Female Alpha Warrior returns triumphant

  • Published
  • By Airman 1st Class Jake Jacobsen
  • 14th Flying Training Wing Public Affairs
Three years ago the U.S. Air Force partnered with Alpha Warrior to deliver functional fitness training to Airmen and their families across the globe while hosting competitions between the military branches.

Now, several years later, and the Air Force has won multiple Alpha Warrior inter-service championships. The Air Force competed against the Army and Navy Sept. 14, at Retama Park in Selma, Texas, to claim the Alpha Warrior Inter-Service Championship.

Representing Columbus Air Force Base was 2nd Lt. Michelle Strickland, 37th Flying Training Squadron student pilot, who was the top female in the final competition with a time of 25 minutes, 5 seconds, and her time was tied for third overall.

“With the high demands of pilot training, on top of being in the innovation flight where we are doing things a lot differently, for her to be able to keep up such a high fitness level, use her time wisely and still go out there and win that competition is a remarkable achievement to see,” said Maj. Ryan Brewer, 37th Flying Training Squadron instructor pilot.

The Alpha Warrior course consisted of more than 30 obstacles where the Air Force team battled and raced across the course for best time.

“The competition was unique in the fact that it wasn’t just the standard physical military training, in fact it might be the hardest physical challenge I have ever done before,” Strickland said. “It pushes the entire body, your muscular stamina and cardiovascular endurance to new limits.”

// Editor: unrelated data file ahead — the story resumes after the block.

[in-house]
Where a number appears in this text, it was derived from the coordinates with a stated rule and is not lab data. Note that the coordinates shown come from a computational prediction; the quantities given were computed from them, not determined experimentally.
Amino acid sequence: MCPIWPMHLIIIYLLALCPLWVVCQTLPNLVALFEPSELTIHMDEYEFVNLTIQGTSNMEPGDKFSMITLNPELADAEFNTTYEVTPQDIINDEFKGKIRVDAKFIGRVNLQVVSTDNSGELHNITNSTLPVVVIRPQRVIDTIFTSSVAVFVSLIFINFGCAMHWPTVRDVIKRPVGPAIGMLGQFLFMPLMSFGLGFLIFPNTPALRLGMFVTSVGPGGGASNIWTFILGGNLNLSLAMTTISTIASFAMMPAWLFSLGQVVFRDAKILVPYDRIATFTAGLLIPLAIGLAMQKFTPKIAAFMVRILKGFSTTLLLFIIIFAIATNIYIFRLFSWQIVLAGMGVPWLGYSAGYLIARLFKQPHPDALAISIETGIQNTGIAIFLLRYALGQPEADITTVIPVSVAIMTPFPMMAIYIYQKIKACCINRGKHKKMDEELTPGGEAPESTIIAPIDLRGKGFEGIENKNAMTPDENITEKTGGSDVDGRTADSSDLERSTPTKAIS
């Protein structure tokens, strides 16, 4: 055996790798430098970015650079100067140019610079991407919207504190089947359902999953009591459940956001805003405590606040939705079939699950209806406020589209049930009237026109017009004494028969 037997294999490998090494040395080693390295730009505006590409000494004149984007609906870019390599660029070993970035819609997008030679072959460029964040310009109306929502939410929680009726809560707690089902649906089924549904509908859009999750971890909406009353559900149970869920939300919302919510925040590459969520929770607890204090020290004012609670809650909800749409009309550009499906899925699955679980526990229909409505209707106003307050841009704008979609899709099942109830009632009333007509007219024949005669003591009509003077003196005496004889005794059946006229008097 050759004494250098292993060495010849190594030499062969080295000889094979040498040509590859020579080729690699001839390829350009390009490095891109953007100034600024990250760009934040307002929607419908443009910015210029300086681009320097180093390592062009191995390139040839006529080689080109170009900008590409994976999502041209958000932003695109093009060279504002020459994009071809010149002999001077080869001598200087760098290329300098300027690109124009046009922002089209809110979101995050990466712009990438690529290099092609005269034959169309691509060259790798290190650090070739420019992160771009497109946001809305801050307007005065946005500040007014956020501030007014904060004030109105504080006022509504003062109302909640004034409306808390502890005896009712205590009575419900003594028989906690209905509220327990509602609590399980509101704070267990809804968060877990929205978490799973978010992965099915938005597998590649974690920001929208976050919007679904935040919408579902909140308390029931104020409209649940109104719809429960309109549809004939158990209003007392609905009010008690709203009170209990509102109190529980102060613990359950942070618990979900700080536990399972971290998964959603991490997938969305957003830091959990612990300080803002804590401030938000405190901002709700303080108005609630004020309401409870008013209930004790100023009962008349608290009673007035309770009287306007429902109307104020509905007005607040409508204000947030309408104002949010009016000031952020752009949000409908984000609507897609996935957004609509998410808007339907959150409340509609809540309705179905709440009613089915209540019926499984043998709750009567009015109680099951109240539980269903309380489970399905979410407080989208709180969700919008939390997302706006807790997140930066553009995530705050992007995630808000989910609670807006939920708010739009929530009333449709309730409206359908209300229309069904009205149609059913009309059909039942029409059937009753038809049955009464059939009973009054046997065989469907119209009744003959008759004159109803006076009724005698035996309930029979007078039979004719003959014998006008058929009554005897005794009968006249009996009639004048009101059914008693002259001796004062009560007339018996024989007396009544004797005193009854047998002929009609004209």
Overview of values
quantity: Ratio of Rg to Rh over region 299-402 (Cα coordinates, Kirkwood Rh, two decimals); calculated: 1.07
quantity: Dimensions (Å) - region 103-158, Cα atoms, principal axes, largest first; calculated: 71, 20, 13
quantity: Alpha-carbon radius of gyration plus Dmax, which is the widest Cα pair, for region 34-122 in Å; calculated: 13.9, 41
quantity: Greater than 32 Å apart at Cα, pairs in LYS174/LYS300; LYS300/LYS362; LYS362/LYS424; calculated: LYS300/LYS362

Half of the courses were permanent obstacles with names like pipe bombs, barrel rolls and “Alcatraz,” a three-story structure. The others were strength obstacles involving sand bags, ropes and weighted sleds.

Strickland mentioned the hardest part of the course was a sled pull where she had to pull a weighted cart with resistance on it without moving from the spot she was standing. She said the easiest part was the spider wall where they had to scale up to the top using their hands and feet with nothing to grip onto.

“It was helpful having my family there to push me as well as the support from my teammates who were there every step of the way,” Strickland said. “In the beginning the Air Force team was just getting to know each other but by the time the final competition hit we felt like a family and encouraged each other the entire time.”

Strickland claimed her diet was an essential part in her physical fitness for the competition.

“Being in pilot training I don’t have as much time to train as I would like, so feeding my body in the way it is designed helps it become more efficient in getting the large amount of stamina I needed to complete a competition like the Alpha Warrior,” Strickland said.

As part of its Alpha Warrior program, the Air Force has set up smaller battle rigs and stations at more than 70 installations around the globe, Columbus AFB being one of them.

Strickland encourages to try training on the Alpha Warrior equipment and ensures people that competing and winning is obtainable if the effort and training is put in.

Learn more about the Alpha Warrior equipment by contacting the fitness center, talking to unit physical training leaders or by visiting the Air Force Alpha Warrior program's website for more information.